Building Arduino Swipe Detection

This tutorial will show you how to detect a swipe gesture across any surface, using an Arduino and a potentiometer in the form of a small flat strip.

Arduino Potentiometer

A ‘soft potentiometer‘ is a resistor in the form of a flat strip. By pressing on the surface, your Arduino can measure the resistance, essentially telling you where on the strip a user is pressing.

You can use your Arduino to keep track of previous presses. By comparing presses you can detect motion. For example, if the resistance starts out high, and keeps getting lower every few milliseconds, someone is swiping across the strip.

This movie shows an Arduino that sends a signal to an animation on a laptop, when someone is swiping the strip to the left.

Building an Arduino Swipe Detector

To rebuild the swipe detector you need the following components:
Arduino board
Soft potentiometer (Ribbon sensor)
10K Ohm resistor
Mini breadboard

Once you have these components, use this sketch and code to build your own gesture detector!


Putting the 10K resistor between the potentiometer output and the Arduino input makes sure that there’s always a value of 0 detected when the user is not pressing anywhere.

The following code detects where the potentiometer is being pressed. If this value keeps dropping within a certain amount of time, we can conclude that the user is sliding to the left. If this is the case, the Arduino sends a “1” signal through the Serial port. If not, it sends a “0”.

Note: the Arduino sends data through the serial port, so the board needs to be connected to a computer through a basic USB cable.

int potPin = A2;
int ledPin = 13;
int decreasing = 0;
int previous = 0;
int current = 0;

// detect if the potmeter input keeps getting smaller for a certain amount of time
// (value ranges from 1024 to 0 without pullup resistor)
// if yes, then send "1" for a while before starting the detection again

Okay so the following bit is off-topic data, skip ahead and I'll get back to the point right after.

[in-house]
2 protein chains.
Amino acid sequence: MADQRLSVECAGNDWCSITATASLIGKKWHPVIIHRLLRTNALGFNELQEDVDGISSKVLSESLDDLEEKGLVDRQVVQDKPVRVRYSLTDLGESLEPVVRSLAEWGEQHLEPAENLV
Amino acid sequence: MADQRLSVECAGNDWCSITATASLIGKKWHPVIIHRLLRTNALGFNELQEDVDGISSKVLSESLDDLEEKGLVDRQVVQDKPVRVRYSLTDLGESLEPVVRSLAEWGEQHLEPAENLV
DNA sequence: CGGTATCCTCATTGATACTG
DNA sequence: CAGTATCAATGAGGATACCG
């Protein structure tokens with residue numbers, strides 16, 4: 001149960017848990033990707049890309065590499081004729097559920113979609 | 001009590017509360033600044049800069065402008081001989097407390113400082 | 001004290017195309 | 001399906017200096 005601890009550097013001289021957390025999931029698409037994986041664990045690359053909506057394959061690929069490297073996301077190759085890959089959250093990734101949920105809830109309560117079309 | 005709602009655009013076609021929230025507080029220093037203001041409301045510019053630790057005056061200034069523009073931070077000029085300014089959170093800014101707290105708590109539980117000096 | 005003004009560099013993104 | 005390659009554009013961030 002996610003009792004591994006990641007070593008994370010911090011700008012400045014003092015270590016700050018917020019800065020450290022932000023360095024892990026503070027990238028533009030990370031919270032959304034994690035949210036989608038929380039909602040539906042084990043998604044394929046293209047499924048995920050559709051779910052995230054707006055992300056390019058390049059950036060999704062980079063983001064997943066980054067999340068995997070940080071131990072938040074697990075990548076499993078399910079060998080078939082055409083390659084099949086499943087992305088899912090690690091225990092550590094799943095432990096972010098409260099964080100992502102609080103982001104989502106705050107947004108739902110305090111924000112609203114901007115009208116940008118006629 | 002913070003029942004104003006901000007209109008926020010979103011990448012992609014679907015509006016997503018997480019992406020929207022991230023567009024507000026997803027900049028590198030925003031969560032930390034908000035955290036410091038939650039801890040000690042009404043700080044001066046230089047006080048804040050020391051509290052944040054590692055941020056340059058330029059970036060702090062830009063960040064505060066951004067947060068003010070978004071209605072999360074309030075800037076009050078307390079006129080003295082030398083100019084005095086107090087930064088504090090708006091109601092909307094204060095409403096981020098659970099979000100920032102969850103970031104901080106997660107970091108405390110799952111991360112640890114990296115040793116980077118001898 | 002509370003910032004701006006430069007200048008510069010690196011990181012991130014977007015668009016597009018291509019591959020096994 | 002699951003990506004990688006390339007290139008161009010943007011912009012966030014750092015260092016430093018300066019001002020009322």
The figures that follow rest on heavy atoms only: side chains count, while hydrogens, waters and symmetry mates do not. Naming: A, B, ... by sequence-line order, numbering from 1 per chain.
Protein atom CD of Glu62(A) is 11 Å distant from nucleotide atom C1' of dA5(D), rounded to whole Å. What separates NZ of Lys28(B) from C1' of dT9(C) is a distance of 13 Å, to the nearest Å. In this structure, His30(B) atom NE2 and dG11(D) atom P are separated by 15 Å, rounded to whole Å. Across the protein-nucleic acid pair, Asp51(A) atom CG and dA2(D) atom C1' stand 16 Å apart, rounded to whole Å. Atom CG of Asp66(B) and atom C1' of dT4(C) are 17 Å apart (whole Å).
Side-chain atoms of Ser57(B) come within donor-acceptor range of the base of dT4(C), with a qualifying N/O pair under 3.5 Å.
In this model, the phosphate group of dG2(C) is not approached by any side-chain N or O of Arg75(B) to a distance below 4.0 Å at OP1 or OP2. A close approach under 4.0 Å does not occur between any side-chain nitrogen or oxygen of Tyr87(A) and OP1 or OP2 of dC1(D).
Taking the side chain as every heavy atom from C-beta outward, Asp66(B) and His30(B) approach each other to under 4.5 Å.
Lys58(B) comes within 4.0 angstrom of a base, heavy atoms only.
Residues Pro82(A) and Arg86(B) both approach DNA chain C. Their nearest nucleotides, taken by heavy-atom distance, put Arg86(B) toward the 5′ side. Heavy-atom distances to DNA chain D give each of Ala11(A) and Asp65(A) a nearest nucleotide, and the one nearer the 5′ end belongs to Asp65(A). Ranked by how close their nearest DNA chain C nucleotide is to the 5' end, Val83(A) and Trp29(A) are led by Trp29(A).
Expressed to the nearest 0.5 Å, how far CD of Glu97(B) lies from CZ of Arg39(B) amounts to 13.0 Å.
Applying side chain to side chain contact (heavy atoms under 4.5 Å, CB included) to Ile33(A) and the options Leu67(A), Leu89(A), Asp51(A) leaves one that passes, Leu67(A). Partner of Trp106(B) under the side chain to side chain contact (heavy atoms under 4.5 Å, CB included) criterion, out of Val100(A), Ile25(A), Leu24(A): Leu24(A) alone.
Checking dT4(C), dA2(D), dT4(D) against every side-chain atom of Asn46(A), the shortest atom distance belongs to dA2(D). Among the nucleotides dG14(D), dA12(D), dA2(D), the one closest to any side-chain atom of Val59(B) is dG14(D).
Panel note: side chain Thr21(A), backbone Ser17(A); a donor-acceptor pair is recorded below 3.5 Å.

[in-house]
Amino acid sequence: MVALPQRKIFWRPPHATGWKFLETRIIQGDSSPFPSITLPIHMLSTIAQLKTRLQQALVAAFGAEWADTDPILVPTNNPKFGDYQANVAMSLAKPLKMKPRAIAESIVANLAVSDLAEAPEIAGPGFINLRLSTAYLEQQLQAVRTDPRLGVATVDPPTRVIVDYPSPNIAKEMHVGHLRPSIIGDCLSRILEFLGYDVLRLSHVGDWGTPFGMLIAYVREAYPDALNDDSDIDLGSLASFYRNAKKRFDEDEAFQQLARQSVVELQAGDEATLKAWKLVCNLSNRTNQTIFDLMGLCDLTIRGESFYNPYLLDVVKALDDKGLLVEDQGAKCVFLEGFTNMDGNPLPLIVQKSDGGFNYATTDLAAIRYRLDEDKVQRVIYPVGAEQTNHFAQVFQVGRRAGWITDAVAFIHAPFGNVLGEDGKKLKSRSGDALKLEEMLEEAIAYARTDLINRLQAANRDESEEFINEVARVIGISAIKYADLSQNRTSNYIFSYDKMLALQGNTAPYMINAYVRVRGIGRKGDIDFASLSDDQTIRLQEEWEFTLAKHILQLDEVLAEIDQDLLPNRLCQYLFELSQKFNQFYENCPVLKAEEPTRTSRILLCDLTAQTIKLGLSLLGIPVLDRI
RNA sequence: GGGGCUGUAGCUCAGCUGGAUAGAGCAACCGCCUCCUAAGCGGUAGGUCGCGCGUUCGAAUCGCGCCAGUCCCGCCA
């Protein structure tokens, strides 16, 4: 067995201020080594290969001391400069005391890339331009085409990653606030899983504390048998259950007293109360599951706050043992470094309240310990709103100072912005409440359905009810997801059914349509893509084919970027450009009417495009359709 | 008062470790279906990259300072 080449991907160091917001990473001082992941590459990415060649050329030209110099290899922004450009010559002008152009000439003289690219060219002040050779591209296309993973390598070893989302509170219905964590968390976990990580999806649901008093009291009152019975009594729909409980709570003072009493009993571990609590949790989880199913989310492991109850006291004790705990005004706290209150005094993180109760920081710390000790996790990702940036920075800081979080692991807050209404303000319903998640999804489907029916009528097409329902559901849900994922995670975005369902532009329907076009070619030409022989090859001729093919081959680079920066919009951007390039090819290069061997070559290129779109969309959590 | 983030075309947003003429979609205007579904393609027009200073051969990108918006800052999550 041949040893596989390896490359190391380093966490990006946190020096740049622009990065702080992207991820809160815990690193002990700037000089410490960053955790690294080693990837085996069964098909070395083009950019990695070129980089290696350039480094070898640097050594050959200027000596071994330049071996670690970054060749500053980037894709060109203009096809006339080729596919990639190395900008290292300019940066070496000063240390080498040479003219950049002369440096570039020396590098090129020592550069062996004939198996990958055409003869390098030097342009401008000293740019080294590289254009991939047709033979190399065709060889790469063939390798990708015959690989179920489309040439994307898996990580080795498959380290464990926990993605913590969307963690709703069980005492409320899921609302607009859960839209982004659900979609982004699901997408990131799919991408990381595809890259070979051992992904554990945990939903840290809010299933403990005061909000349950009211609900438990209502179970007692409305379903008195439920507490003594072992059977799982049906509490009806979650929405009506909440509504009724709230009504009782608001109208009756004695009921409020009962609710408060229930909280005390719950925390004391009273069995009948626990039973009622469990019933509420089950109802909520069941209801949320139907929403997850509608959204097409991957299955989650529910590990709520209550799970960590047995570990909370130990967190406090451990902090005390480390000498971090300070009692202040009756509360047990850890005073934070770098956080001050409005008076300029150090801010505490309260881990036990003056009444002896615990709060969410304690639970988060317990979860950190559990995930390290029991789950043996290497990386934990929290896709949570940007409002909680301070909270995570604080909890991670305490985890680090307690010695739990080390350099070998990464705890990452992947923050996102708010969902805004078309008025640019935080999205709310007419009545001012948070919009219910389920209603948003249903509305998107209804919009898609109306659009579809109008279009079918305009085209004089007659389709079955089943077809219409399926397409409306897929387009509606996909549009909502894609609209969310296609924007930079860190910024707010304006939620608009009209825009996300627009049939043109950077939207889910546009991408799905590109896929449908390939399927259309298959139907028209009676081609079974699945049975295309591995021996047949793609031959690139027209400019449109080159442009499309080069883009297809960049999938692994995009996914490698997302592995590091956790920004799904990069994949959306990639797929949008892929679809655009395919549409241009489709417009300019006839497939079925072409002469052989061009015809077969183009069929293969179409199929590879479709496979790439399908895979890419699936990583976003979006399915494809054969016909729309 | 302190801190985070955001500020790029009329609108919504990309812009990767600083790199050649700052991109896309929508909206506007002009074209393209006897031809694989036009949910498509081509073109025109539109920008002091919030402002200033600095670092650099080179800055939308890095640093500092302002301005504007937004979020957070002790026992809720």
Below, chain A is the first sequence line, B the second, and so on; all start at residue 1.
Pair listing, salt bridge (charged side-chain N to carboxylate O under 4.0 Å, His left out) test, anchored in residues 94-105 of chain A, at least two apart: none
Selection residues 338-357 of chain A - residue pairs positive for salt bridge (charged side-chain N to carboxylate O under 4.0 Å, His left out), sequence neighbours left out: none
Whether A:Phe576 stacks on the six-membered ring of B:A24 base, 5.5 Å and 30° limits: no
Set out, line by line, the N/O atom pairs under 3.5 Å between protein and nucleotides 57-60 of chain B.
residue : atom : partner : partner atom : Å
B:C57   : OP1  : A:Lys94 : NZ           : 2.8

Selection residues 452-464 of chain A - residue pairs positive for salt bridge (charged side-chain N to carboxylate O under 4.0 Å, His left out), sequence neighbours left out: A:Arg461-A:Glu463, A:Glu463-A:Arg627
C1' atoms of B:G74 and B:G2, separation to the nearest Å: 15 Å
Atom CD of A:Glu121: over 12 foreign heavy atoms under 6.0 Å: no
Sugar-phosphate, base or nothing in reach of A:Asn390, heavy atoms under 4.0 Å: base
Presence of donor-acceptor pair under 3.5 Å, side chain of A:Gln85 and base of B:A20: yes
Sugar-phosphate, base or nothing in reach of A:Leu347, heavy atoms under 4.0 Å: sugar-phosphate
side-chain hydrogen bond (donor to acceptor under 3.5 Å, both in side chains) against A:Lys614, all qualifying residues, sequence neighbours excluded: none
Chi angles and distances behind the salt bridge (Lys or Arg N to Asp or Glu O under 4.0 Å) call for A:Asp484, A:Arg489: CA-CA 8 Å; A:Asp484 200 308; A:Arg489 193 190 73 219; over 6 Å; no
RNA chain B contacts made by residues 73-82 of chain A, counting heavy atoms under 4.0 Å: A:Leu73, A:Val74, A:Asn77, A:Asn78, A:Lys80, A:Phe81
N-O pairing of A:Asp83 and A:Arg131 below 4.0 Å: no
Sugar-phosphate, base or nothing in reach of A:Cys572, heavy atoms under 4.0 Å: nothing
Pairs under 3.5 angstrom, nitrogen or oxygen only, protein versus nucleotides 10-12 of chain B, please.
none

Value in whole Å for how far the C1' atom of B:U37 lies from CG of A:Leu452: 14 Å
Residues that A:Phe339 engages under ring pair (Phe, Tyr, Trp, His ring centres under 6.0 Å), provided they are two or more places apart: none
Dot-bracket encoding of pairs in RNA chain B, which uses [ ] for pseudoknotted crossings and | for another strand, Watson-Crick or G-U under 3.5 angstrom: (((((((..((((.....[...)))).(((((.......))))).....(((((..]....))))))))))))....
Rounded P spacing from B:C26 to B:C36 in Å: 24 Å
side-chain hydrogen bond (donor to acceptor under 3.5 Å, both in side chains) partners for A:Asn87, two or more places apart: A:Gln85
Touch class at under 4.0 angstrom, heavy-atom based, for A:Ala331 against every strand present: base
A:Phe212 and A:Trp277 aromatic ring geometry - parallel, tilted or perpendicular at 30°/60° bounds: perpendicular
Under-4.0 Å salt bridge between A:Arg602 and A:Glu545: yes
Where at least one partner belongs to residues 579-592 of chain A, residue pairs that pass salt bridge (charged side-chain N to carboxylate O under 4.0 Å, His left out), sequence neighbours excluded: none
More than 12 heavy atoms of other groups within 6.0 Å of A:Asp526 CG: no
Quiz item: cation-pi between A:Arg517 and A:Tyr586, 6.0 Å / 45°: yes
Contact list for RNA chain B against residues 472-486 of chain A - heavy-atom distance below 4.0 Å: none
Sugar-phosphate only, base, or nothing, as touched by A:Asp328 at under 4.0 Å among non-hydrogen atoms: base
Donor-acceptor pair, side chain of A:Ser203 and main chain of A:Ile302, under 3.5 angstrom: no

void setup() {
  pinMode(ledPin, OUTPUT);

void loop() {
  current = analogRead(potPin);
  // to check the current value use Serial.println(curr);
  // now check if current value is smaller than previous. if this happens enough
  // times we assume the user is pressing their finger leftward
  if(current < previous) {
  } else {
    decreasing = 0;
  previous = current;
  // if we've been decreasing 10 times, send a "1" value (and light the LED on the arduino)
  if(decreasing > 10) {
    // this lights up the LED on the Arduino board
    digitalWrite(ledPin, HIGH);
    // this sends a '1' signal across the serial connection to the laptop
  } else {
    digitalWrite(ledPin, LOW);
  // a little delay to make sure we're not detecting too fast

Congrats! Now you can make any surface interactive by sticking a swipe detector on it!

Reading Arduino messages with Processing

Now that our Arduino is sending a message across the serial port, we need a way to catch that message and do something with it. In this case we’ll use Processing to read the serial port, and catch the ‘1’ signal that Arduino may be sending.

Note that connecting the serial port to processing works differently on some machines. You may have to do some testing to see if you’re reading the correct serial port. Read more about the serial connection here!

When Processing is receiving the swipe signal, it’s up to you to trigger some cool animation or video!

import processing.serial.*;

int pausecounter = 100;
// The serial port
Serial myPort;  

void setup() {
  // use this to check which serial port you should be reading
  // in my case the arduino data comes in at serial port 5
  myPort = new Serial(this, Serial.list()[5], 9600);

void draw() {
  // only check arduino if enough time has passed
  // this prevents multiple readings of the serial port

void checkArduino() {
  while (myPort.available() > 0) {
    int inByte =;
    println("serial: " + inByte);
    // when using println from arduino, you get line feeds (byte 10 and 13)
    if(inByte == 49 && pausecounter > 35) {
      println("Processing has received this signal from Arduino: " + inByte);

What if you don’t want to use Processing?

The reason we’re using Processing is that access to the serial port is restricted to software running natively on your machine. You can access the serial port in other languages, for example Python or C#.


A webbrowser does not allow access to the inner workings of your machine – if it did, that could lead to some truly disastrous hacking!
You could use a Wifi-connected Arduino to get data straight into the browser, but if you want to use a serial cable, you could try setting up Node on your machine and install Node-Serialport. I haven’t had the chance to try this myself!